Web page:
a snobbery side of SF that I have always disliked.
Kemmer was interviewed for about twenty minutes. He felt the interviewer didn't
do their homework and was just looking for a brief moment that could be used in
the show. Which explains a lot about the final structure of the show.
was a misleading statement about the Tom Corbett series that implied the Heinlein's
removed themselves from the production of the show because of poor production
values. I have a letter from Virginia Heinlein and cosigned by RAH from 1977 that
confirmed the series was based on RAH's SPACE CADET, but Mr. Heinlein had nothing
to do with any writing or production of the show.
closing credits did list Virginia Heinlein and James Gifford as contributors ,
so maybe I missed something along the way. There is a lot of evidence that the
structure of the Space Cadet unit used for Tom Corbett was developed by Joseph
Greene. Joseph Greene's contribution to TC is documented on the site at http://www.solarguard.com/greene1.htm.
The reaction of the Academy
cadets was swift. The following is a sample of that reaction. Cadet Chuck posted
the first reaction on the BB which lead to more posts on the Solar Guard Bulletin
Board. Cadet Dale Ames has an interesting take on the whole affair and leads off
with his experiences with the "movie media" followed by Cadet Chuck
and others who posted their comments to the BB. If you would like to add to this
discuss, please post your comments on the BB or email Cadet
I was contacted
by Min Lee who is a free lance advertiser for the History Channel. Min Lee was
given my name by fellow collectors who told Min Lee that I had an extremely large
collection of Sci-Fi of the 1930's to 1950's, including Buck Rogers, Flash Gordon,
Space Patrol, Captain Midnight and many more. Min Lee asked if she and her co-worker
Bill could journey from New York City to Worcester to film my collection for the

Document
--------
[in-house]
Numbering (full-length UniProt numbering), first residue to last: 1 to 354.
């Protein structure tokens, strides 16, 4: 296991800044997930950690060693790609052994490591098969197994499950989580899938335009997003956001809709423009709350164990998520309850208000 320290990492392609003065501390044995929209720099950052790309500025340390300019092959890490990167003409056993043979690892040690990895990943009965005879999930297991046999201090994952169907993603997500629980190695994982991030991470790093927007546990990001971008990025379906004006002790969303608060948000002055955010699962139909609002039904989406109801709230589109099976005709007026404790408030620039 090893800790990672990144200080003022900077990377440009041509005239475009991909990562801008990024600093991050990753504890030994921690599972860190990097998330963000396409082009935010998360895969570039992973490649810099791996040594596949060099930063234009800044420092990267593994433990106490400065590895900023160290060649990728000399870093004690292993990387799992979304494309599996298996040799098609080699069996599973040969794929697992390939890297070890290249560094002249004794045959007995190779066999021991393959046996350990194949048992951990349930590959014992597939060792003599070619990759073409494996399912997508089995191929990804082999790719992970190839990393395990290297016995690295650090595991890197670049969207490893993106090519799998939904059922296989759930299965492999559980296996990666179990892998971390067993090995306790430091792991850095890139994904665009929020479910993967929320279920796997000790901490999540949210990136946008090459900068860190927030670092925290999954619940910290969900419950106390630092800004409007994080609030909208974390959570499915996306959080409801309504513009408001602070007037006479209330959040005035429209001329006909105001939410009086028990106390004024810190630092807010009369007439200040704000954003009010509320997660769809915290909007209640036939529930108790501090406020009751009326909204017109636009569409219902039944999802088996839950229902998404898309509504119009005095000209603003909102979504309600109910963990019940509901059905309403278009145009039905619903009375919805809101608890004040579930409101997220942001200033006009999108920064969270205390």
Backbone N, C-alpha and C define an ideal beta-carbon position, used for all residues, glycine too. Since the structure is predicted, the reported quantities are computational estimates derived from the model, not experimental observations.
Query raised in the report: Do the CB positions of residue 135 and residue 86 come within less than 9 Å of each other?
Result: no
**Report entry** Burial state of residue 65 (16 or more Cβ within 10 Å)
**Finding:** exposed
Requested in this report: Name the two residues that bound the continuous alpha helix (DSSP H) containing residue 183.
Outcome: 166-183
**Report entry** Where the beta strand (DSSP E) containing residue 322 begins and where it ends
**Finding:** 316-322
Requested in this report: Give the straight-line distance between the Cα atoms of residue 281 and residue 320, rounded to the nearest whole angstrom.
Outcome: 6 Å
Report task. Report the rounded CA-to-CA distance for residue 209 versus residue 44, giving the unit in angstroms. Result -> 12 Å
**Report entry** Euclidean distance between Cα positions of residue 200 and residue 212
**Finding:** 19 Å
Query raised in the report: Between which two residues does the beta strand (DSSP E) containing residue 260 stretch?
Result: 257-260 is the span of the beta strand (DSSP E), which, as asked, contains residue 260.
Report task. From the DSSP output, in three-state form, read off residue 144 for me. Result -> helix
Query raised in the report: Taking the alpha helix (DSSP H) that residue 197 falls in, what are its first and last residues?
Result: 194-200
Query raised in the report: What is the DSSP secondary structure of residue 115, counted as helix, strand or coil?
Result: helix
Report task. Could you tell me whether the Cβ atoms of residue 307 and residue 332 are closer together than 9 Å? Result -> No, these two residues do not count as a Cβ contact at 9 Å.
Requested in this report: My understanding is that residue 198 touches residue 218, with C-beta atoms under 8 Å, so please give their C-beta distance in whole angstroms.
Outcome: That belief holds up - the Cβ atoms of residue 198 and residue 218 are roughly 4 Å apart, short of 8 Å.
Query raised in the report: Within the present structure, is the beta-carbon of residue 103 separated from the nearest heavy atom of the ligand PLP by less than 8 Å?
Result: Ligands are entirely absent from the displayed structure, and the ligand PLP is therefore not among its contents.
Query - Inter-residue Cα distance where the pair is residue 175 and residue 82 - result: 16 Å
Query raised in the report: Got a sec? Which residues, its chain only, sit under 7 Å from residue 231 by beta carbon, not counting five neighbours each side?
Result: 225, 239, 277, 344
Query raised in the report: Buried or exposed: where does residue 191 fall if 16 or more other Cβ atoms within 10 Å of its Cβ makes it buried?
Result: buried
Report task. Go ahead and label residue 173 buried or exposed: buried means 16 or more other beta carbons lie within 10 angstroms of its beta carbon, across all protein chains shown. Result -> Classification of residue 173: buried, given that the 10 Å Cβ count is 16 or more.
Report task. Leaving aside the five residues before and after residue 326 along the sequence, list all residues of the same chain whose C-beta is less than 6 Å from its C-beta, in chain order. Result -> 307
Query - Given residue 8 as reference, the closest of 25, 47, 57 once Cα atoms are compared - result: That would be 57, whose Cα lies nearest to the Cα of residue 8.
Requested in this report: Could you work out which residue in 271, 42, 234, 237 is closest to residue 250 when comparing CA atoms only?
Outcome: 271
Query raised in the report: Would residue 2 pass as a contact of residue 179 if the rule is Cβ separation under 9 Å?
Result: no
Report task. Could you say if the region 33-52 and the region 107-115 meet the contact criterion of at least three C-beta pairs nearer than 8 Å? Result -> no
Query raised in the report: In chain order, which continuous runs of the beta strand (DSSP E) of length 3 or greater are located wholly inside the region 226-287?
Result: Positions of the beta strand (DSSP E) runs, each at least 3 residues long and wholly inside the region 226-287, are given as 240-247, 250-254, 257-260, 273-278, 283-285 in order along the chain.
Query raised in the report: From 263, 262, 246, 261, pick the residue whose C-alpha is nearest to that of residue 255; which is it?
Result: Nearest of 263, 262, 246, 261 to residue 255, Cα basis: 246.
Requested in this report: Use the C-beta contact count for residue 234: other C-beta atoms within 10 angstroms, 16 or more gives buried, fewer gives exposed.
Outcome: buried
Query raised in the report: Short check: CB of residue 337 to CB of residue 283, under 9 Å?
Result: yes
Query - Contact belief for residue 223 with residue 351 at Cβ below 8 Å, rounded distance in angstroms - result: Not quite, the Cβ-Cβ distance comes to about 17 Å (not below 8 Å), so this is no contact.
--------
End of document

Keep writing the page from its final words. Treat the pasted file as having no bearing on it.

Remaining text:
TV special. What thoughts of grandeur ran through my mind....my collection and
myself on TV promoting memories of the 1950's space shows and a mention of Galaxy
Patrol Fan Club!
was set for Min and Bill to journey to Worcester. I set up my collection in every
room in the house: on the walls, on every couch, chair, table, on the bed, and
I purchased a new bookcase for display. I filled up five rooms and was all set
for them. A few days before the date, Min and Bill had to reschedule for two weeks
later. As the second date came close, Min and Bill had to reschedule again. Finally,
Min and Bill came to Worcester. The house had been in complete turmoil for two
months waiting. Still, I thought it will be worth it for my collection and I to
be on TV.
Min and Bill
filmed my collection for over four hours in my home. I now learned only my collection,
not "I" was to be on TV. "OK", I said to myself, at least
Galaxy Patrol Fan Club and space collectibles would be highlighted.
Bill and Min left, it took my lovely wife Mary and I several days to put the house
back in order. A special thanks to my wife for allowing collectibles to rule the
house for approximately two months!
waited and waited and waited for word on the TV show and finally was told the
show was to be on on TV. Boy oh boy, now my collectibles were to be on TV. I told
everyone about the show and with great expectations, my wife and I started watching
the show. As time moved on during the TV special, my wife and I were looking at
each other and said "where was my collection and at what time would it be
shown"? While Ed Kemmer (Commander Buzz Cory) was shown on the special, my
collection was shown....all of ten seconds!!! Yes, two months of setting up and
four hours of filming at my home and my TV claim to fame was ten seconds and no
mention of Galaxy Patrol Fan Club or "ME".
it was a great effort put forth to give space collectibles of the 1930's ; 1940's
and 1950's a plug and I came up short. I will not be deterred and will continue
to promote space collectibles.
special note must be made that my collection of space collectibles wouldn't have
grown with out the friendly help of fellow collectors who I extend my sincere
thanks to for help over the years.
Safe Space Travel and Space Man's Luck,
a disappointment! This was merely a boring, disorganized collection of unimaginative
clips and interviews, brought to us by a producer, director, and writers who obviously